The Ashdown House Blog thanks you for visiting us this year and wishes you a very happy holiday! Join us in the New Year for more pictures, news of Ashdown and insights into the history of this beautiful seventeenth century hunting lodge.
Thursday, 23 December 2010
Friday, 17 December 2010
The Ashdown House portrait collection contains a number of paintings of Elizabeth of Bohemia's family but with the exception of a portrait of her eldest son Frederick Henry in his teens (painted by his sister, Louise Hollandine) there are none of her children at a young age. It was particularly nice therefore to see these two family portraits in the Sotheby's exhibition.
A Portrait of a boy and a girl, said to be the children of Elizabeth, Queen of Bohemia, from the circle of Sir Anthony Van Dyck is said to represent Edward, Count Palatine and his sister Henrietta Maria. Edward was born in 1625 and Henrietta Maria, named for her aunt, the wife of Charles I, was born in 1626 so they were close in age. The other portrait of Edward is by Van Honthorst and was painted in 1638 when he was thirteen years old.
Princess Henrietta Maria is frequently described as gentle and sweet-tempered in the biographies of her mother, which also record that she was "happy in the kitchen," an odd place to find a princess. She was talented at embroidery, preserve-making and confectionery. The only blonde daughter, she was also considered the beauty of the family with a complexion of lilies and roses, so said her sister Sophie in her memoirs. At the age of twenty four Henrietta Maria received an offer of marriage from Prince Siegmund Rakoczy of Siebenbergen in Transylvania, who had apparently fallen in love with her portrait, spurning a wealthier match in order to make her an offer. He wooed her with a diamond watch and ardent love letters. Elizabeth was delighted; her eldest surviving son Charles Louis, newly restored to the Palatinate lands, less so. Reassured that Prince Siegmund's title was recognised by the Emperor and that he kept 200 men at arms and 50 gentlemen in attendance, and that the family ate off silver plate, Charles Louis eventually gave his consent.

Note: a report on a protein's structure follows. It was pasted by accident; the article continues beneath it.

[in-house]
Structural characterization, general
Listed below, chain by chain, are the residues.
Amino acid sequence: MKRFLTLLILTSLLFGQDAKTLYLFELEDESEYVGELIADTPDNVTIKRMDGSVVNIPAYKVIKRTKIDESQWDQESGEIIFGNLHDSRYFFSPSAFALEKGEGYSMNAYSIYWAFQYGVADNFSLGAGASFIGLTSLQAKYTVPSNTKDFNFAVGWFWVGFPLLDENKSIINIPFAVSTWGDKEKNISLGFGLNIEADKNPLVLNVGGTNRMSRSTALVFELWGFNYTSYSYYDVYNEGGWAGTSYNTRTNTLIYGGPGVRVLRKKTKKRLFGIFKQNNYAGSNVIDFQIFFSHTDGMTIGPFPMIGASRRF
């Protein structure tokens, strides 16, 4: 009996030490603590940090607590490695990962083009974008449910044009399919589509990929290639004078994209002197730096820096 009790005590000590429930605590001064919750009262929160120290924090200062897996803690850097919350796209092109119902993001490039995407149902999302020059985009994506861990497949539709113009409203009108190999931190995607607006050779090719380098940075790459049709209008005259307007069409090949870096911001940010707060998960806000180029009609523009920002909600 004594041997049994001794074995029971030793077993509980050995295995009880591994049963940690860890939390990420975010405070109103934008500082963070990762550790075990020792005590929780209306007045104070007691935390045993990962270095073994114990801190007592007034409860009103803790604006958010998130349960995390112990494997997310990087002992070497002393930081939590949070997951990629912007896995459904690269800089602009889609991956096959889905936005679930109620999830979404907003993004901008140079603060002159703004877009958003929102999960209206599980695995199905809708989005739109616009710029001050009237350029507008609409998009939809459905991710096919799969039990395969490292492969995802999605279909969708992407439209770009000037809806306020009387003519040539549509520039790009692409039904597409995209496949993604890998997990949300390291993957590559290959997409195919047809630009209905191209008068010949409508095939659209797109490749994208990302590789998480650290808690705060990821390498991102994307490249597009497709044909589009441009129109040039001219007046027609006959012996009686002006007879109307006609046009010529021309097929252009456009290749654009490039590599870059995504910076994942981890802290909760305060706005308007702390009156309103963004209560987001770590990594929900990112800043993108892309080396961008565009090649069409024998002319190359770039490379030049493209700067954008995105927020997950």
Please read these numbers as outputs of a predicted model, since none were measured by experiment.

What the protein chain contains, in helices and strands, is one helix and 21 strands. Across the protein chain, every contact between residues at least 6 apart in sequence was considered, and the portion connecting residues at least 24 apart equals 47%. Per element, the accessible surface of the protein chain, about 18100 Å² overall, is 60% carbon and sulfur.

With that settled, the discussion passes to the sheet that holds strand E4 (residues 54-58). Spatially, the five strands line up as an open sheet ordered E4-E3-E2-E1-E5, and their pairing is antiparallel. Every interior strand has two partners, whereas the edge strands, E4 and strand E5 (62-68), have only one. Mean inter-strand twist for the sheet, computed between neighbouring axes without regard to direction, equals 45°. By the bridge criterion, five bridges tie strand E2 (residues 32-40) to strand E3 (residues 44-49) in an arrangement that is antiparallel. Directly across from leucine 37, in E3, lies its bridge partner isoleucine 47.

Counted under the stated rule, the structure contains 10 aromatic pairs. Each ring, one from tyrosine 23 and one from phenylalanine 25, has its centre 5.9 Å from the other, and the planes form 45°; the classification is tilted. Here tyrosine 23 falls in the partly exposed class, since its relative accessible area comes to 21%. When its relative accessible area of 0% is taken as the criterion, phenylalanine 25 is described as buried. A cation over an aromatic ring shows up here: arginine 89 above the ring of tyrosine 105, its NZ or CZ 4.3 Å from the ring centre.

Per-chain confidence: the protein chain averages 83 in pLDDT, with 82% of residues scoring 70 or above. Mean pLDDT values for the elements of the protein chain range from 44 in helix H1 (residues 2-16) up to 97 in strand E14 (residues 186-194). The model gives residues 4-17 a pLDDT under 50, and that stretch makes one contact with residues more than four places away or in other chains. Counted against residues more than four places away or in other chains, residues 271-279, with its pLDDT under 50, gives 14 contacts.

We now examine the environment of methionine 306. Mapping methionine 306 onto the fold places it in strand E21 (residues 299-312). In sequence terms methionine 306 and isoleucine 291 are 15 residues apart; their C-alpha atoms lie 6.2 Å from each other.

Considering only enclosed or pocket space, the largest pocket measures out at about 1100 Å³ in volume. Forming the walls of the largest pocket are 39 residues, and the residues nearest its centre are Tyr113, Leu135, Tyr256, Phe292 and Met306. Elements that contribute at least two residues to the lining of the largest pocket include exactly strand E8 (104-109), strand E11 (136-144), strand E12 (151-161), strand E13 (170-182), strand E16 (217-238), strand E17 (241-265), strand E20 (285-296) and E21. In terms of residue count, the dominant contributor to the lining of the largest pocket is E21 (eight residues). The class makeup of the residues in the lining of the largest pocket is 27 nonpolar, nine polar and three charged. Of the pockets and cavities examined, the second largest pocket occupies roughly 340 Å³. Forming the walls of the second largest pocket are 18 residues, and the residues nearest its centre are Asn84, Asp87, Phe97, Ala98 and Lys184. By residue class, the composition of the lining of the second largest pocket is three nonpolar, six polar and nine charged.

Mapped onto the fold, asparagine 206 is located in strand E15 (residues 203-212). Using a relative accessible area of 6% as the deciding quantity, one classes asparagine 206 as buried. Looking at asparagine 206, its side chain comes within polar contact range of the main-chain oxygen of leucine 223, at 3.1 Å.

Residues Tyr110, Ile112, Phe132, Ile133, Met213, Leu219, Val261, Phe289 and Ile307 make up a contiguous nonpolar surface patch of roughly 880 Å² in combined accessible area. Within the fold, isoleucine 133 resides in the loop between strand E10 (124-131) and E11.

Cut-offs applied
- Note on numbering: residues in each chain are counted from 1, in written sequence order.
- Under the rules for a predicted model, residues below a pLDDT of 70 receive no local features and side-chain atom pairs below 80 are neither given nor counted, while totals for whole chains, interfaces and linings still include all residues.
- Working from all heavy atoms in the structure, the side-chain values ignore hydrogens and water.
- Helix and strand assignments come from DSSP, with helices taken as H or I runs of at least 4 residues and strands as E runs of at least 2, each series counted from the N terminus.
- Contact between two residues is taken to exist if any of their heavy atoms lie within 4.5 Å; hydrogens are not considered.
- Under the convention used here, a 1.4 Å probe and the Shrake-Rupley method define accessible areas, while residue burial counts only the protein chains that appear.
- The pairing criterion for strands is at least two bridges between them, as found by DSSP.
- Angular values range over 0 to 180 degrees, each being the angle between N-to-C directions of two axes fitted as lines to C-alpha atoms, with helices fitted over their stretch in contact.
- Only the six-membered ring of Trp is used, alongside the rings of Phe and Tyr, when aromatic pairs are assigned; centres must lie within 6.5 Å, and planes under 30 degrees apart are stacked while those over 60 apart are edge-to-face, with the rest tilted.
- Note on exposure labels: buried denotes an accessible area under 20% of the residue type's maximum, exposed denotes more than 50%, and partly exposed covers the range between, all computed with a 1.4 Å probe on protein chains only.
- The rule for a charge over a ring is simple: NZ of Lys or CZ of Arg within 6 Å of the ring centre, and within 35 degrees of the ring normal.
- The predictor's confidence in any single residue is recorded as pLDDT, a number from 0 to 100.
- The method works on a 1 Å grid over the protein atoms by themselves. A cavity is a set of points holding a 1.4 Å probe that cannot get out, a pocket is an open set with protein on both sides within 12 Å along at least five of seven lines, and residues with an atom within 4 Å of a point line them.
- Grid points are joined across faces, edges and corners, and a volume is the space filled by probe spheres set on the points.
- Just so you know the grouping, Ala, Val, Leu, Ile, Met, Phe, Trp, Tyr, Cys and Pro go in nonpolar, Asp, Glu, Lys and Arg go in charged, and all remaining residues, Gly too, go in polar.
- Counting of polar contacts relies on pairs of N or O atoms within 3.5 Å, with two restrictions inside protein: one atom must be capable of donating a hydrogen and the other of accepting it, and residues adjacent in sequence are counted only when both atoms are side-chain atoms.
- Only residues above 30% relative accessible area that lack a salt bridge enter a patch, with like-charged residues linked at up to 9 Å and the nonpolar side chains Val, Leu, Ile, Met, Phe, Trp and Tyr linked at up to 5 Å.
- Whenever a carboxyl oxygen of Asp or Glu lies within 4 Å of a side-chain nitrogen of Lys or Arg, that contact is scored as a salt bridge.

The couple were married by proxy on May 14th 1651 and Henrietta Maria set off to meet her huband with a meagre trousseau. Fortunately when the couple met they liked each other; Henrietta Maria wrote that Prince Siegmund was stately, kind and generous and drove always with six horses. There was only one more letter from Henrietta Maria reporting how happy she was in her married life. Within five months of the marriage she had died, to her husband's great despair. He had her buried in her wedding gown, wearing the string of pearls that had been one strand of her mother's famous eight strand pearl necklace. Over 200 years later when Queen Victoria inherited the remaining seven strands she wished to complete the necklace. The suggestion that Henrietta Maria's grave should be opened and her strand removed was refused however; the necklace remains a seven strand one in the possession of The Queen.
Prince Edward, Count Palatinate of Simmern, to give him his full title was born in October 1625 at Prince Henry of Nassau's country house two hours from The Hague, where the family had withdrawn to avoid the plague in the city. He was said to be exceptionally good looking, with black hair and black eyes. Elizabeth sent three of her sons, Maurice, Philip and Edward, to France when they were in their early twenties in order to achieve some polish and address. Where good manners and charm were not the trademark of either Maurice or Philip, Edward excelled.
At the age of twenty one Edward married a French Catholic bride eight years his senior. Anne de Gonzague, daughter of the Duke of Nevers, was celebrated in Parisian society for her wit, beauty and wealth. Her affairs were well known but after she fell in love with Edward her only intrigues were political and she became a well known writer. Edward also seemed very happy in the shadow of his wife, turning up for all the fashionable events and certainly enjoying a rich lifestyle after a youth in straitened circumstances. Edward and his wife had three daughters. Eventually Elizabeth forgave him his conversion to Catholicism and received the family in the Hague. There is a portrait of Edward in the Ashdown collection that was painted at this time. According to the records, there was also a matching portrait of his wife Anne, painted in masquing costume. This is interesting because this portrait, originally in the Craven collection, is not at Ashdown. But there is a picture of a lady in masque costume painted by Van Honthorst which is said to be Princess Elizabeth. A case of mistaken identity, perhaps!